Summary: Martin & Runyon’s “Digital Humanities, Digital Hegemony”

Today’s post just summarizes an article recently shared with me, as an attempt to boost the signal:

Those following along at home know I’ve been exploring how digital humanities infrastructure reinforces pre-existing cultural biases, most recently with Nickoal Eichmann & Jeana Jorgensen looking at DH Conferences, 2000-2015.

One limitation of our study is we know very little about the content of conference presentations or the racial identities of authors, which means we can’t assess bias in those directions. John D. Martin III & Carolyn Runyon recently published preliminary results more thoroughly addressing race & gender in DH from a funding perspective, and focused on the content of grants:

Martin, John D., III, and Carolyn Runyon. “Digital Humanities, Digital Hegemony: Exploring Funding Practices and Unequal Access in the Digital Humanities.” SIGCAS Computers and Society. 46, no. 1 (March 2016): 20–26. doi:10.1145/2908216.2908219.

By hand-categorizing 656 DH-oriented NEH grants from 2007-2016, totaling $225 million, Martin & Runyon found 110 projects whose focus involved gender or individuals of a certain gender, and 228 which focused on race/ethnicity or individuals identifiable with particular races/ethnicities.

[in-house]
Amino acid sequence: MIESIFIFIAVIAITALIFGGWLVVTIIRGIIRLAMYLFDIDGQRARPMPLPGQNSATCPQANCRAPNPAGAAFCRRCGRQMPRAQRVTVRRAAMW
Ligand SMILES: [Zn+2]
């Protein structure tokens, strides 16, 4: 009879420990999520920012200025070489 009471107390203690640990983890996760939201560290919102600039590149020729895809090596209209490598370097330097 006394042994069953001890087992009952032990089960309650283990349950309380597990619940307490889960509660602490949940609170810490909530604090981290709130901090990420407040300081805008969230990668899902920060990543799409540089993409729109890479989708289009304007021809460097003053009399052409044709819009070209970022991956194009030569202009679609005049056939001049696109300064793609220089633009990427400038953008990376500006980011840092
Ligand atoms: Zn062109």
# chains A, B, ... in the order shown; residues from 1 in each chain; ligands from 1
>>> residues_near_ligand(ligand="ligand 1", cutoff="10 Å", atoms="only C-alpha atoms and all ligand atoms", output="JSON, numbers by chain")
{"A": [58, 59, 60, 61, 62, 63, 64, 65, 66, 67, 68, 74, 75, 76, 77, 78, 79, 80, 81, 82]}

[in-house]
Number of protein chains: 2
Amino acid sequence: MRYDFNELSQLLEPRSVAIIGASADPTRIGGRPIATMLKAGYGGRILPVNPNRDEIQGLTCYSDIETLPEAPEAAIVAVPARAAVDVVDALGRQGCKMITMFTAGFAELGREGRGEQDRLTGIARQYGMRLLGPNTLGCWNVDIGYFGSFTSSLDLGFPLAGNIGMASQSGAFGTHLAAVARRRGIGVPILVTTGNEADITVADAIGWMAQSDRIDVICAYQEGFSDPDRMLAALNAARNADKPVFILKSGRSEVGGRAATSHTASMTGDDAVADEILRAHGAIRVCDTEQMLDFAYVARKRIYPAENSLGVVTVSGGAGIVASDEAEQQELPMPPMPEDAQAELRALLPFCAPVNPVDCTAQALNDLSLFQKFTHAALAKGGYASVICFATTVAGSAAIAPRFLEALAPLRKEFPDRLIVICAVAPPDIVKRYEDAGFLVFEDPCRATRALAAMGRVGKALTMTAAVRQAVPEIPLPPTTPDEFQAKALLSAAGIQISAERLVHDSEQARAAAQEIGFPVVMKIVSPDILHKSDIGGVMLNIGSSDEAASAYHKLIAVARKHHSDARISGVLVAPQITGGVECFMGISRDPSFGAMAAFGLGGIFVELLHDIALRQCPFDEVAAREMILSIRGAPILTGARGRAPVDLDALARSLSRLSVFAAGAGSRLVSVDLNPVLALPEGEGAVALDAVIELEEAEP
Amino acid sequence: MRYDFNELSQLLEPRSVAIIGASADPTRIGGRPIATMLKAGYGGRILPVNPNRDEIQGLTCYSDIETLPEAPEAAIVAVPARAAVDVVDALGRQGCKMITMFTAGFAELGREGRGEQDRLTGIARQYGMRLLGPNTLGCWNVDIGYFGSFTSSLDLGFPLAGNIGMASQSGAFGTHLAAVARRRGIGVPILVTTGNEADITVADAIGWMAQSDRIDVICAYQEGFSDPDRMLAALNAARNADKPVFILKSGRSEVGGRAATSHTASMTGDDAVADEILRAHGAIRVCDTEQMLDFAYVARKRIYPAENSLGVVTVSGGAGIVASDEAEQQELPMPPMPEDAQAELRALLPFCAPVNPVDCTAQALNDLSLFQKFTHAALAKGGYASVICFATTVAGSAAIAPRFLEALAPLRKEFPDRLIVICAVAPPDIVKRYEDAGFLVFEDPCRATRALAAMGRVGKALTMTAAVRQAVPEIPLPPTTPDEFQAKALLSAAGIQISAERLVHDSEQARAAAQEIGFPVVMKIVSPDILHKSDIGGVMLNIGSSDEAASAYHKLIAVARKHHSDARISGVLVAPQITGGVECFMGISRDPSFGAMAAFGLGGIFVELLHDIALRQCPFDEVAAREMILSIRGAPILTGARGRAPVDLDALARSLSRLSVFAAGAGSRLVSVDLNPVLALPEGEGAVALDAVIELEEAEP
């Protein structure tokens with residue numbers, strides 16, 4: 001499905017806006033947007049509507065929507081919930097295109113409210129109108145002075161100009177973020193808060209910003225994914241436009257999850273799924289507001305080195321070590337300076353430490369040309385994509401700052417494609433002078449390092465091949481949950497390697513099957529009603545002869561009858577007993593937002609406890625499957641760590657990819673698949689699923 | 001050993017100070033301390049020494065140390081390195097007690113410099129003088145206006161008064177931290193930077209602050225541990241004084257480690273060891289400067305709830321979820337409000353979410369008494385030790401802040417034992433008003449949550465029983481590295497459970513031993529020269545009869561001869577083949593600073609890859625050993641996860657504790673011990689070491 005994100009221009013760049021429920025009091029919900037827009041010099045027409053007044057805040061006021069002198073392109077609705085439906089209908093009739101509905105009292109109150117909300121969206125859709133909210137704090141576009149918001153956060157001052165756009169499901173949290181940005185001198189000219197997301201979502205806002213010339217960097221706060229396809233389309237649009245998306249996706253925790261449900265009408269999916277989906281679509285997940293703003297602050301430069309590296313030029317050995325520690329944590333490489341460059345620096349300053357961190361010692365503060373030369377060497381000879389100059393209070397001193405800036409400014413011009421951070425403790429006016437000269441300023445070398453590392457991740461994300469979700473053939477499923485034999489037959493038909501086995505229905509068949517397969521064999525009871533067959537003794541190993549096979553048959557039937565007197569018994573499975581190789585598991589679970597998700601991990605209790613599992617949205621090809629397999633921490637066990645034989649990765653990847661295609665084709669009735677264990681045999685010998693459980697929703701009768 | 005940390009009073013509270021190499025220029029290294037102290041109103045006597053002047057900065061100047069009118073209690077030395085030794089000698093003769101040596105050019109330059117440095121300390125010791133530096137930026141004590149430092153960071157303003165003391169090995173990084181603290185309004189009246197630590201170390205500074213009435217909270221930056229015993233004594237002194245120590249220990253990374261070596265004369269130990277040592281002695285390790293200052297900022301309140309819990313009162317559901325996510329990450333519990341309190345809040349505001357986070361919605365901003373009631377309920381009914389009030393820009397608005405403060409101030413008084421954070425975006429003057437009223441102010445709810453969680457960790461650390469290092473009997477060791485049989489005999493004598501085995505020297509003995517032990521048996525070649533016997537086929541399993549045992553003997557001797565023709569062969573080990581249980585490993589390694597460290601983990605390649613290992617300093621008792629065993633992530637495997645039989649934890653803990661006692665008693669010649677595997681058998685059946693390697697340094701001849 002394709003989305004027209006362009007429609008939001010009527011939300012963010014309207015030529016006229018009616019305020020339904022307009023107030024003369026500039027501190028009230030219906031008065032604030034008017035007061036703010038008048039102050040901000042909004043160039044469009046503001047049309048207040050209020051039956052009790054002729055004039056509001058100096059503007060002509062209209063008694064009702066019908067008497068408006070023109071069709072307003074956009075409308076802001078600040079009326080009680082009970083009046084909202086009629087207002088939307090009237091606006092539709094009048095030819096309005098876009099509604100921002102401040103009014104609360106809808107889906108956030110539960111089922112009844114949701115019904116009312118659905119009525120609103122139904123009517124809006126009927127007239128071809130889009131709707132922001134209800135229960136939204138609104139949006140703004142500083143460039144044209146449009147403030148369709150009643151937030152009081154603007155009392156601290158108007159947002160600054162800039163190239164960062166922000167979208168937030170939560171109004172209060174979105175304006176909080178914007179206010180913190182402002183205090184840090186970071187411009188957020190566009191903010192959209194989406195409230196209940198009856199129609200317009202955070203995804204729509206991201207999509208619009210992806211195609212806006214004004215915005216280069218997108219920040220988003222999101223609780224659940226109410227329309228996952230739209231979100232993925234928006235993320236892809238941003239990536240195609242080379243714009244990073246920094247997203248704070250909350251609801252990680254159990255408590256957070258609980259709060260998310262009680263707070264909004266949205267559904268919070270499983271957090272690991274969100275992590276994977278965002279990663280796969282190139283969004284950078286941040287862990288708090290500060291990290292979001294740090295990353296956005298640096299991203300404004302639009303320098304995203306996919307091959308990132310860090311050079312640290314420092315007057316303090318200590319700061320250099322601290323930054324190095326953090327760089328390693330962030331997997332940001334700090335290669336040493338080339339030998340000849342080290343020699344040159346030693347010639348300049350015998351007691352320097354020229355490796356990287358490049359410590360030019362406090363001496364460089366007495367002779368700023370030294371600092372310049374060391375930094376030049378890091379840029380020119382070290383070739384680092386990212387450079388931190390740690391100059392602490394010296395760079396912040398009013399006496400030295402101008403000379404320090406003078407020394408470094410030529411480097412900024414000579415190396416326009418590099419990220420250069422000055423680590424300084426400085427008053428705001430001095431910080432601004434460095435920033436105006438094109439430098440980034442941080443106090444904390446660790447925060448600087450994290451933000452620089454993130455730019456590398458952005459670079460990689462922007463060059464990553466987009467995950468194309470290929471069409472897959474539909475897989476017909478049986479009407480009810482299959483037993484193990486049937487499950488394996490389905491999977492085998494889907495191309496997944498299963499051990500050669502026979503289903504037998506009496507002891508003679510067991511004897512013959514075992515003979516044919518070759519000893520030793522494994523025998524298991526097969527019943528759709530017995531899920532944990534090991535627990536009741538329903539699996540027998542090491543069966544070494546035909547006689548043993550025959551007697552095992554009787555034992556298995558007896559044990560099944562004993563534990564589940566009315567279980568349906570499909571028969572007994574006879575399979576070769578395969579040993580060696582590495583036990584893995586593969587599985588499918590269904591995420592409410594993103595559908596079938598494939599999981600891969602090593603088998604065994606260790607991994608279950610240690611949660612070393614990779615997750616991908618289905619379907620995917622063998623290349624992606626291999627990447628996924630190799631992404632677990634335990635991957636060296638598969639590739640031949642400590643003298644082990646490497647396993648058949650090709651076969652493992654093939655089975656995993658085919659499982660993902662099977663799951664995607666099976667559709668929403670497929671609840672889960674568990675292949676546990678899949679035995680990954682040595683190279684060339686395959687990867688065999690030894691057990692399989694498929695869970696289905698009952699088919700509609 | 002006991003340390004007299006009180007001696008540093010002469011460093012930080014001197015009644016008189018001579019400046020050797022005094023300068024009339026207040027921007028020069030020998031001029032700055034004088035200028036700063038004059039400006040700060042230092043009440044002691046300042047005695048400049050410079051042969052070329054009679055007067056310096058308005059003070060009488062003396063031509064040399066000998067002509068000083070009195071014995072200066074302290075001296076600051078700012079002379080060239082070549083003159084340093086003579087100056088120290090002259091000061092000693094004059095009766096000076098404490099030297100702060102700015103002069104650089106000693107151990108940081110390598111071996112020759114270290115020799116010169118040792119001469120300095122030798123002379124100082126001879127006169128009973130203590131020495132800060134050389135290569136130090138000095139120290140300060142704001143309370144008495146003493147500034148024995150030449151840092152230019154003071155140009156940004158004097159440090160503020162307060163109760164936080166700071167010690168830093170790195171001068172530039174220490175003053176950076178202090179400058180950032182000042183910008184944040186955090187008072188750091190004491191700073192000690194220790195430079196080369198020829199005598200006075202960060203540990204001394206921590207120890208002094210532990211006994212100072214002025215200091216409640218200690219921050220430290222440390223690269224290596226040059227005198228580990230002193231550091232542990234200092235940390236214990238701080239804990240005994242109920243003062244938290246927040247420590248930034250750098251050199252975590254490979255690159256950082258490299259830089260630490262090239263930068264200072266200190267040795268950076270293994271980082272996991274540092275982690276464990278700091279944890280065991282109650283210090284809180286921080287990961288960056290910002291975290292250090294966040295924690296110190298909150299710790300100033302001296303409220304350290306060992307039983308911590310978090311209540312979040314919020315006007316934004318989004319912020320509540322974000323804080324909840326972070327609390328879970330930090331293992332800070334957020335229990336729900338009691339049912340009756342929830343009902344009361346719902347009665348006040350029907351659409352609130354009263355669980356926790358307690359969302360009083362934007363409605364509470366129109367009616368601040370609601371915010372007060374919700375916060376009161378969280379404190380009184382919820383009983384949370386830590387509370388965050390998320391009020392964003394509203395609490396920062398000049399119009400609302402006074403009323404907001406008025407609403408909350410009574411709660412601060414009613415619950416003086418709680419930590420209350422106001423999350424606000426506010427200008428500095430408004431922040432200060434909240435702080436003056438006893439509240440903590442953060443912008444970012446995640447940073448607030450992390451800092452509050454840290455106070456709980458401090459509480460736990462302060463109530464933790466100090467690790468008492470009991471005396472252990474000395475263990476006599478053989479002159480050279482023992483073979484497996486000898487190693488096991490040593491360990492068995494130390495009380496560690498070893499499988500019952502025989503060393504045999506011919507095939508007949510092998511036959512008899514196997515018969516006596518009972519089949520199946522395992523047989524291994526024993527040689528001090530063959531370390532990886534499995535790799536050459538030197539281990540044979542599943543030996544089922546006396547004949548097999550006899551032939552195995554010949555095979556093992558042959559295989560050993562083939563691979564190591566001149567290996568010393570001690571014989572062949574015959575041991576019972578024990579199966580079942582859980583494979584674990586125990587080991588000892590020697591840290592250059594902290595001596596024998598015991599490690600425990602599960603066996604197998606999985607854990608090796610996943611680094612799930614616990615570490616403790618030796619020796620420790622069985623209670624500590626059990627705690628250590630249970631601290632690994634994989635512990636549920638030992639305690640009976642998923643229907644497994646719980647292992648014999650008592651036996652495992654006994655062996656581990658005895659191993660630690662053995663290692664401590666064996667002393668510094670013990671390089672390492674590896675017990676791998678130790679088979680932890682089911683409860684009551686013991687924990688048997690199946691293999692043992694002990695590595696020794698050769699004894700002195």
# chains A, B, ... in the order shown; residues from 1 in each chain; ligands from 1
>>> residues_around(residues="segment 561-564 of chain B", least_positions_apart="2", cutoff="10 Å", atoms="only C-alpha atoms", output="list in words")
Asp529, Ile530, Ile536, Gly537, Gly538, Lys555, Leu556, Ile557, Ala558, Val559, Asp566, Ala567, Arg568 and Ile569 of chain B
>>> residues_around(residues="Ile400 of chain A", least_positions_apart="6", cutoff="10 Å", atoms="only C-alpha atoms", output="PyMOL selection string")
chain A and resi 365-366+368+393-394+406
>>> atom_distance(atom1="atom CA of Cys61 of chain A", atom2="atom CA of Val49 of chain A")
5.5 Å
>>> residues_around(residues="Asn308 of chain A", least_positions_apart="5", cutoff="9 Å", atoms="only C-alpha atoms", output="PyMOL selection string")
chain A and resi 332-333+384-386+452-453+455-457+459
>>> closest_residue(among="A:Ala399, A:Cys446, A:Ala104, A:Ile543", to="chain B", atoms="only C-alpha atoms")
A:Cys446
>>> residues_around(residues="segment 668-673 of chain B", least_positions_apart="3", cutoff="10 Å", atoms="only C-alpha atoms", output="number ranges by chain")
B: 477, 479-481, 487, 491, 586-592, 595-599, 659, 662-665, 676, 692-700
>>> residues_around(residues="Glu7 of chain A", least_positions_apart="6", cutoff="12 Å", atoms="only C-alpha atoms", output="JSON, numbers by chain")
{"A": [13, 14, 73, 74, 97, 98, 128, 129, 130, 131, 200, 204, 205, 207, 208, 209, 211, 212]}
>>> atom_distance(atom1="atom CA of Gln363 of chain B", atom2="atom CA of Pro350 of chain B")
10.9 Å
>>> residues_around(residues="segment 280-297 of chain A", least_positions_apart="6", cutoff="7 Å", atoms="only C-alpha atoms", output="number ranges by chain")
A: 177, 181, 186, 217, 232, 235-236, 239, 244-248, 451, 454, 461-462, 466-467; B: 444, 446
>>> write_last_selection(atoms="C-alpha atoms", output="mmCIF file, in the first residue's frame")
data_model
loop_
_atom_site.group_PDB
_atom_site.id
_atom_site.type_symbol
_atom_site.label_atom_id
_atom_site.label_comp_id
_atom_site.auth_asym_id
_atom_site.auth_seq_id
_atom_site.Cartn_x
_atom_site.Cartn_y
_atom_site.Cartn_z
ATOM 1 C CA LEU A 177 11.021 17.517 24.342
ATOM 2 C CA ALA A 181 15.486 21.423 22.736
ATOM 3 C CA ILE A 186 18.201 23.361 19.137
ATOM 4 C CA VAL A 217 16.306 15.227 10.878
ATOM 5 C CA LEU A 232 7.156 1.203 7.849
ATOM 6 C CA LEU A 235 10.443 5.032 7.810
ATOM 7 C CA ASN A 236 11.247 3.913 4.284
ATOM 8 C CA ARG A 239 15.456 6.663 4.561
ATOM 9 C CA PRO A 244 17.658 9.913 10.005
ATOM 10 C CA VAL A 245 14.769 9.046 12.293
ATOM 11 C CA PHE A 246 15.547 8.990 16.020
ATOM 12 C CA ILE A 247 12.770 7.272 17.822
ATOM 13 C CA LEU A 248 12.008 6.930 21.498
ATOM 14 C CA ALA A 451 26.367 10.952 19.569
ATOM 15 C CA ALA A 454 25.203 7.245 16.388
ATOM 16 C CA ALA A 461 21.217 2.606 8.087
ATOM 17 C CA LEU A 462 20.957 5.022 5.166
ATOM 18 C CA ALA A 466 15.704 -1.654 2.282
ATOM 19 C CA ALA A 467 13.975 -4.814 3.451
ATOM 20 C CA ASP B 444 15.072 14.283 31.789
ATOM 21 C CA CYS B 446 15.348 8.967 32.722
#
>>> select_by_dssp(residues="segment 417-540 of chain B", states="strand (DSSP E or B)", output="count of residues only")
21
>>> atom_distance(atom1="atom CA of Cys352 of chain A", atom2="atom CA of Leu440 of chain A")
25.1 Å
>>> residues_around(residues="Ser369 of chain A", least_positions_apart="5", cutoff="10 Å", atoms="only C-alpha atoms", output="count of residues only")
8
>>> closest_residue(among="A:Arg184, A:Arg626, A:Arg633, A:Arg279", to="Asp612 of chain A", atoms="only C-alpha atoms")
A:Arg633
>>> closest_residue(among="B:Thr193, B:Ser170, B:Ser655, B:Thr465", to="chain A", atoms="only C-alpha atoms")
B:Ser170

From the article
From the article

Major findings include:

  • Twice as much money goes to studying men than to women.
  • On average, individual projects about women are better-funded.
  • The top three race/ethnicity categories by funding amount are White ($21 million), Asian ($7 million), and Black ($6.5 million).
  •  White men are discussed as individuals, and women and non-white people are focused on as groups.

Their results fit well with what I and others have found, which is that DH propagates the same cultural bias found elsewhere within and outside academia.

A next step, vital to this project, is to find equivalent metrics for other disciplines and data sources. Until we get a good baseline, we won’t actually know if our interventions are improving the situation. It’s all well and good to say “things are bad”, but until we know the compared-to-what, we won’t have a reliable way of testing what works and what doesn’t.

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